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More than 65 million overseas visits are made each year by UK residents. For the organisation which represents over 1,500 travel agents and tour operators, this is a big responsibility. This is why ABTA – the Association of British Travel Agents – places such emphasis on ensuring consistently high standards of trading practice for the benefit of its Members, the travel industry at large, and the consumers they serve.

ABTA’s main aims are to maintain the high standards of service amongst Members which its famous symbol has come to signify, and to create as favourable a business climate as possible for its Members.


In its commercial activities, ABTA maintains a high public profile, with regular appearances in the press and on radio and television to ensure high public awareness of the Association’s role. Research shows that more than 83% of the travelling British public recognise ABTA’s name (MORI 2004).

This activity is supported by a public information service which handles thousands of enquiries a year on travel-related matters, including information about ABTA Members, and by the Association’s website, which receives around 100,000 consumer searches each month.

Lobbying and Trade Relations

ABTA represents its Members and ensures that governments at both national and European level are sensitive to the needs of the travel industry. It also maintains strong links with representatives of the main travel destinations, tourist boards, and other trade associations, in order to further the interests of Members. Similarly, good relationships are promoted with other principals within the travel industry, such as hotels, airlines, and railway, car hire and shipping companies. Many of these belong to ABTA’s Travel Industry Partner scheme.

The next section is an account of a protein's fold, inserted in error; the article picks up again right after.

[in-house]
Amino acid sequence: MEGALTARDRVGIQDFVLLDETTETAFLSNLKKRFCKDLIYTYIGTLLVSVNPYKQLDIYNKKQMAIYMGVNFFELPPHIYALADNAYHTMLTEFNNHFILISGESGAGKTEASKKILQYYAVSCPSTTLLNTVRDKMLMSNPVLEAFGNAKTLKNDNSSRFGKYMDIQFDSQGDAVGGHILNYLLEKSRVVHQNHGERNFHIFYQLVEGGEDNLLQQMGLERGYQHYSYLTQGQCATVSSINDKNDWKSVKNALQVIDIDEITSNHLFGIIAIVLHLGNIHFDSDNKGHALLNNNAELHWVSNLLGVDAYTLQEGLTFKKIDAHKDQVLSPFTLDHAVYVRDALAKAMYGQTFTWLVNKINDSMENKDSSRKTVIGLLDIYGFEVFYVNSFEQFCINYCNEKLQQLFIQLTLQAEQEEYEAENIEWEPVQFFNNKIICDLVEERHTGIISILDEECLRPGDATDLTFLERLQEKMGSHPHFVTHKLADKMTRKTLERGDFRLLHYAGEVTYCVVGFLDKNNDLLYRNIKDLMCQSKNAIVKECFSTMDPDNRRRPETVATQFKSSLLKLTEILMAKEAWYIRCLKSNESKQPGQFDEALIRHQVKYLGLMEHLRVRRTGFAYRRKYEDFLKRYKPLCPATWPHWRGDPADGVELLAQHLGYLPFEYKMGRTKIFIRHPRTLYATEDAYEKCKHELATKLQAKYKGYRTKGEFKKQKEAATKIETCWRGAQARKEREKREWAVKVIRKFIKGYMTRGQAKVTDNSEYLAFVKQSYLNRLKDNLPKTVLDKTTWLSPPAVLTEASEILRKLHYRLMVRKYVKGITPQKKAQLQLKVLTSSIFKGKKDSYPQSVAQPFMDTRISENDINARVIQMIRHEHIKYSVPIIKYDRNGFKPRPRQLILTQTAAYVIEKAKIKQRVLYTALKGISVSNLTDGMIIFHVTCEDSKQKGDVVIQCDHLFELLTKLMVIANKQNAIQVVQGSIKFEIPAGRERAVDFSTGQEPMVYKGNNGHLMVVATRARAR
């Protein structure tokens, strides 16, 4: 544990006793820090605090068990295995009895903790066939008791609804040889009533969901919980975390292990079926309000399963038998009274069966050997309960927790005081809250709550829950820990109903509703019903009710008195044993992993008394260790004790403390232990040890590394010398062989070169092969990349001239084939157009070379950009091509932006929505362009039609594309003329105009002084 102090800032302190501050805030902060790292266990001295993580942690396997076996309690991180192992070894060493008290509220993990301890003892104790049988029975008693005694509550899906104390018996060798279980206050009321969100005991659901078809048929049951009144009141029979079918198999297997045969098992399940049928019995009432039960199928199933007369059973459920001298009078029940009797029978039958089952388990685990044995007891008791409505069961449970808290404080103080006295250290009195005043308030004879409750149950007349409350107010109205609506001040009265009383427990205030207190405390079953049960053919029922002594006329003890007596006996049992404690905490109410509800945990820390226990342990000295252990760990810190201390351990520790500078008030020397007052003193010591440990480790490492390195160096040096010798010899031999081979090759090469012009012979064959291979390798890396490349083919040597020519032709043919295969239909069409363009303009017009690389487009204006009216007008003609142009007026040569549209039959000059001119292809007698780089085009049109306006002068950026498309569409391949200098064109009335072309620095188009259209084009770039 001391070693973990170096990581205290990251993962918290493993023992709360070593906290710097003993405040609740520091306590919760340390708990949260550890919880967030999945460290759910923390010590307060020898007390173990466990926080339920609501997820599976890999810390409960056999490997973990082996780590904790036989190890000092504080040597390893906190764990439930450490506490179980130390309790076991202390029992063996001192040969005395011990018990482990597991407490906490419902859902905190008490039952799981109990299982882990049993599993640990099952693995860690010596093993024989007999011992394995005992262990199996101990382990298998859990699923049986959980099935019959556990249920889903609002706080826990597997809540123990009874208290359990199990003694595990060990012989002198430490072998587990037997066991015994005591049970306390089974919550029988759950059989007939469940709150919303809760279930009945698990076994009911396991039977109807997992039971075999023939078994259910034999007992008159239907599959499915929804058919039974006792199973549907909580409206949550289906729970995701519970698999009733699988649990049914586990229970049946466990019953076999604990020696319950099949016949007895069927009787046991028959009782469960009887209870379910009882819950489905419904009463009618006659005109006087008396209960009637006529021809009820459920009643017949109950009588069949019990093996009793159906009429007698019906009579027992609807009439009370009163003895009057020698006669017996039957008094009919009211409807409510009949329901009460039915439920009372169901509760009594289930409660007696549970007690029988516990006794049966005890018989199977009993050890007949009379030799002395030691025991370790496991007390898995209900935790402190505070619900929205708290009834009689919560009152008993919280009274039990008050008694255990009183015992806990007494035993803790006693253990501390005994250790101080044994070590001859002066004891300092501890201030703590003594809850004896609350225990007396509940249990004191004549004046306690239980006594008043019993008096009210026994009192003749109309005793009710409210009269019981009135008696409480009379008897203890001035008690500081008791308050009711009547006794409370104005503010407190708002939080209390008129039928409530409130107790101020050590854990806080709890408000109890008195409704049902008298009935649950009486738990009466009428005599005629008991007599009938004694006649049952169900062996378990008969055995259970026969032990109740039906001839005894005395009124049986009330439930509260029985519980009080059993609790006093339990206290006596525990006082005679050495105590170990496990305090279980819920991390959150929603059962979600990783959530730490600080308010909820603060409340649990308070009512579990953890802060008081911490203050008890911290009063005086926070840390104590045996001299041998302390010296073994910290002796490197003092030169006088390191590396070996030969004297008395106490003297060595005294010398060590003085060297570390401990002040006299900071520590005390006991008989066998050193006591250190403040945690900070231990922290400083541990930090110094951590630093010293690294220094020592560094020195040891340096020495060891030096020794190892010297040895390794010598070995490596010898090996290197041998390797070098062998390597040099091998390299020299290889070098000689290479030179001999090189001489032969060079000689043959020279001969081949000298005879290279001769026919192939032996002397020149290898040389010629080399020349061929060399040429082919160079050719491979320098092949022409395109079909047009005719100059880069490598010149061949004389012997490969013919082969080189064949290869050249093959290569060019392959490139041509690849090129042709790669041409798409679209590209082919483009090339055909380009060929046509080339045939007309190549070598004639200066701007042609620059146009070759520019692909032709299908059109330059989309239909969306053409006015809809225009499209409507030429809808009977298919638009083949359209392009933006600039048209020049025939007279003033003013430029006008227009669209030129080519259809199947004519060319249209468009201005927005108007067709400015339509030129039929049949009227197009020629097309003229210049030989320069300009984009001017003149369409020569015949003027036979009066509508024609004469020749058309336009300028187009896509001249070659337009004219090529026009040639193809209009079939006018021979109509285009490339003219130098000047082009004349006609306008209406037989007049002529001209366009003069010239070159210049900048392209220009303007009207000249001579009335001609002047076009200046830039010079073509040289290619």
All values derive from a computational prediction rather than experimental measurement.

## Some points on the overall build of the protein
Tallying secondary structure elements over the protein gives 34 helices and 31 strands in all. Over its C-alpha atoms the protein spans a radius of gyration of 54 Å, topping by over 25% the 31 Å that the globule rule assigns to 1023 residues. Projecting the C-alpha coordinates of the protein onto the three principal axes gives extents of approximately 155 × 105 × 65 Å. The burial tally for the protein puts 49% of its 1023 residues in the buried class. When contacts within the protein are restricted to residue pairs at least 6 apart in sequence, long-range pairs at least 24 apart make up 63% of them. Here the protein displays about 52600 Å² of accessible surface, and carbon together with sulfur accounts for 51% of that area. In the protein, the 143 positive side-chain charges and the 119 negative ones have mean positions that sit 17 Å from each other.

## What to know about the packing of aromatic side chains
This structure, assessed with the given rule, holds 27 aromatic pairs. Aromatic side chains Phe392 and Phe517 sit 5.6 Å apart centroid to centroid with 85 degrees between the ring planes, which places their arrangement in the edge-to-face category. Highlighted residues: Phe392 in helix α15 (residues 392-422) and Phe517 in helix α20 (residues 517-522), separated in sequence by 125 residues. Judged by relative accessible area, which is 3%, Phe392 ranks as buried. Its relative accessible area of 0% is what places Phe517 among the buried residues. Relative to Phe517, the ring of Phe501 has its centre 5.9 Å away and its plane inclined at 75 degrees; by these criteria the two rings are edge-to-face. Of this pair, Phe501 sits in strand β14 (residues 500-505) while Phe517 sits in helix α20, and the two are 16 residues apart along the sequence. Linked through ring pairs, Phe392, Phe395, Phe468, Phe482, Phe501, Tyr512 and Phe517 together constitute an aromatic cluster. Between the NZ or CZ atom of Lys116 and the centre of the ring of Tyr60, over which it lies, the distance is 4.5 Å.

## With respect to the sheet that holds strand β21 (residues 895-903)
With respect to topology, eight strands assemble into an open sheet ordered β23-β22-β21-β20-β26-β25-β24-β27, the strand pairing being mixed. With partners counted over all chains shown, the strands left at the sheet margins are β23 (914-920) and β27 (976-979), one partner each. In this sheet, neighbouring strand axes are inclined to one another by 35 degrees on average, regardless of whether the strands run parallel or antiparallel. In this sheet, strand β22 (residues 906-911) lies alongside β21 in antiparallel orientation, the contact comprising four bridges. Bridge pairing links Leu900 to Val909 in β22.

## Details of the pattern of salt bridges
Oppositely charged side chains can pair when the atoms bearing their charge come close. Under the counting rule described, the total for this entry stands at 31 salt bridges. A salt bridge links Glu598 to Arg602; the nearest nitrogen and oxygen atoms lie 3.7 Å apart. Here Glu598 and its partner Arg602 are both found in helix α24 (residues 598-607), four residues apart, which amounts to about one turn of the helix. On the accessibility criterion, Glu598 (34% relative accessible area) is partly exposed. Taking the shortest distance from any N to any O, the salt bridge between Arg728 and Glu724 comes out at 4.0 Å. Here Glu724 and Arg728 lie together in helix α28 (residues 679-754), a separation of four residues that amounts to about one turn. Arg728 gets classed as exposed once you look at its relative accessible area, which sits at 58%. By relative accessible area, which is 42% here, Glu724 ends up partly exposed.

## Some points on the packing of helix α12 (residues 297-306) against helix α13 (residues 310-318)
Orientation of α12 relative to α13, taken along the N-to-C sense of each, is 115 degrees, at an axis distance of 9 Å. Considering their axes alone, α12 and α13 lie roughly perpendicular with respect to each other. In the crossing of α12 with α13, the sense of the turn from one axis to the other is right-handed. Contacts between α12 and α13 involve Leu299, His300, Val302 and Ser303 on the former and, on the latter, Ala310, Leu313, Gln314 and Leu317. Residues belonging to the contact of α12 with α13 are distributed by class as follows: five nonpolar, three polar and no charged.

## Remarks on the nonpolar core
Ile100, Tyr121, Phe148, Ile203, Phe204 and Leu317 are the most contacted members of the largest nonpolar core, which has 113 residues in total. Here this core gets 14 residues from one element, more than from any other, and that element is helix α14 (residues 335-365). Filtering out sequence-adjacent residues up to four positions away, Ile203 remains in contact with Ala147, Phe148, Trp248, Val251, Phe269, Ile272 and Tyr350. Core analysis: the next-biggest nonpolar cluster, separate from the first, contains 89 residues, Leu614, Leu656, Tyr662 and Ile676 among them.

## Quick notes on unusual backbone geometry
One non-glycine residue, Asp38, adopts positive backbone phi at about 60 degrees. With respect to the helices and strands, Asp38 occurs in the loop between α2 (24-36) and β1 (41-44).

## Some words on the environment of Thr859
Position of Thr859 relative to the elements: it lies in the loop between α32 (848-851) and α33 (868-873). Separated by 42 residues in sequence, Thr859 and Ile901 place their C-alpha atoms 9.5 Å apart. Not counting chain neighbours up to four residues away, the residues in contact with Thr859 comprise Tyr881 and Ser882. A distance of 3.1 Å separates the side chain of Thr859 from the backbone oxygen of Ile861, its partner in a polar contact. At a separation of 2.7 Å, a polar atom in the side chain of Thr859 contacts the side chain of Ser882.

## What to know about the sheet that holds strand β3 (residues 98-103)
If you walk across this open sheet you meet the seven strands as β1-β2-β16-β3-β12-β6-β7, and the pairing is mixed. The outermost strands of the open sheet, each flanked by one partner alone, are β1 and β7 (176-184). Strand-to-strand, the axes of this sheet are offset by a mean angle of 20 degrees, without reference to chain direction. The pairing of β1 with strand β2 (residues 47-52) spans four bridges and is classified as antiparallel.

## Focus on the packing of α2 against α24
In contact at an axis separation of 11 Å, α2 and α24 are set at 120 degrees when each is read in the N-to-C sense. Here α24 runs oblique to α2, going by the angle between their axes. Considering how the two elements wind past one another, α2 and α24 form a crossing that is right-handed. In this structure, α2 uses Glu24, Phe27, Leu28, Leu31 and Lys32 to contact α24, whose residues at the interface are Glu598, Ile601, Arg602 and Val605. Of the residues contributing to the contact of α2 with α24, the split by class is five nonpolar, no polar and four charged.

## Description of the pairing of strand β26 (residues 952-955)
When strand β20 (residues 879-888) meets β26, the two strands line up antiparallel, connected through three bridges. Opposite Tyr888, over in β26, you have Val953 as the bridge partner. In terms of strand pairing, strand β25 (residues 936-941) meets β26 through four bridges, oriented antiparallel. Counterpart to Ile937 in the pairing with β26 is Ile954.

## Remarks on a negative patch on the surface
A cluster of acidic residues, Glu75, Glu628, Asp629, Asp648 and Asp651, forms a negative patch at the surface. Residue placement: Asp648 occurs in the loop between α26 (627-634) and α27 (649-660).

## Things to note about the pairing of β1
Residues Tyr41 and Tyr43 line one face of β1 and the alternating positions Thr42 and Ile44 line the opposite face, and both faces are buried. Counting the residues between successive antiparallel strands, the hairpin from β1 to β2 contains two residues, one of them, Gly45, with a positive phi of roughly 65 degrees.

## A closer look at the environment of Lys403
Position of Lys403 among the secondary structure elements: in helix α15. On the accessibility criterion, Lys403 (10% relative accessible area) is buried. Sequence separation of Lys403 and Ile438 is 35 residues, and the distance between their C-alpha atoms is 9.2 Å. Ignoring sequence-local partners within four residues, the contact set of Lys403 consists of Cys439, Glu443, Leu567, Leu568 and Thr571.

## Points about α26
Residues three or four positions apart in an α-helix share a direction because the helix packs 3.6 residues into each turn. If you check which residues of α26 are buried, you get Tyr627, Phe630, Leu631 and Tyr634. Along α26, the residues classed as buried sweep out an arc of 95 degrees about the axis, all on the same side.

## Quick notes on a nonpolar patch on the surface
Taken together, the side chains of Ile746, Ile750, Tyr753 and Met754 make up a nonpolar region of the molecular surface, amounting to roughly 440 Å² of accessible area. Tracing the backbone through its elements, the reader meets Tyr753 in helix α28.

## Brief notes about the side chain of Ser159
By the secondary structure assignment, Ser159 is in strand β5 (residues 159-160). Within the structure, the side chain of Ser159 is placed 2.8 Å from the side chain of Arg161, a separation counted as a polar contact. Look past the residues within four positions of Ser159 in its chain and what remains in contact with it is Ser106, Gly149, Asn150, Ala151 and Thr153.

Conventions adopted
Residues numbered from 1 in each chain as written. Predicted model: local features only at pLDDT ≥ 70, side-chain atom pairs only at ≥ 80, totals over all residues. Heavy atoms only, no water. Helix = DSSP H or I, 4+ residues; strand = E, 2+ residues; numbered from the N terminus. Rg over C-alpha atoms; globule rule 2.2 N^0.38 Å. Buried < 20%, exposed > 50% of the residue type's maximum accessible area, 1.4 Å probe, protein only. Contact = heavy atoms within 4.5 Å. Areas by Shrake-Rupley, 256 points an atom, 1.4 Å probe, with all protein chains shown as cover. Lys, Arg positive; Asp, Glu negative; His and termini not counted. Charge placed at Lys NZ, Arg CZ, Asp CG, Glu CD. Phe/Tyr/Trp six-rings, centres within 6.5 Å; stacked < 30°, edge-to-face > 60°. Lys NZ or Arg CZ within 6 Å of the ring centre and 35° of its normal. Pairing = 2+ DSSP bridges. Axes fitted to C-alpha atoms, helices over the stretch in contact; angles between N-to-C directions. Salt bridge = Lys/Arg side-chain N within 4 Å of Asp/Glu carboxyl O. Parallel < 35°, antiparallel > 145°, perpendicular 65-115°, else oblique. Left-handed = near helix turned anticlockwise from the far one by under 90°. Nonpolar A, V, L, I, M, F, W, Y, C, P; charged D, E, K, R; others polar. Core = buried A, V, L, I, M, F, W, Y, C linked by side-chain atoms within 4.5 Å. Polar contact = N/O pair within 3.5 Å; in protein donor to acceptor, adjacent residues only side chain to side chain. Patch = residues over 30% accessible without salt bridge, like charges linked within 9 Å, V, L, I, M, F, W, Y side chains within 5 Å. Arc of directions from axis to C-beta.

As a regulatory body, ABTA maintains a Code of Conduct which governs the relationship between tour operators and travel agents, and also between Members and their customers. Its consumer complaints service and independent arbitration and mediation schemes provide consumers with confidence and help save Members considerable sums of money.

To help reduce the risk of things going wrong, the Association monitors Members’ accounts and makes sure that Members comply with the obligation to provide financial protection where this is required by law.


Member tour operators and travel agents themselves form the policy-making and enforcement machinery of ABTA. The Board of Directors, Council of Regions, and a number of regulatory and non-regulatory committees and working groups are supported in their work by a professional secretariat of just under 70 staff.

Member Services

The ABTA secretariat also provides a wide range of services to the membership at large. These include advice services, events – including the ABTA Travel Convention – publications, research, and the negotiation of preferential terms from suppliers. A dedicated Members’ Information line handles some 25,000 enquiries each year.

There is more about ABTA in our most recent Annual Report.

Last updated 12 September 2006


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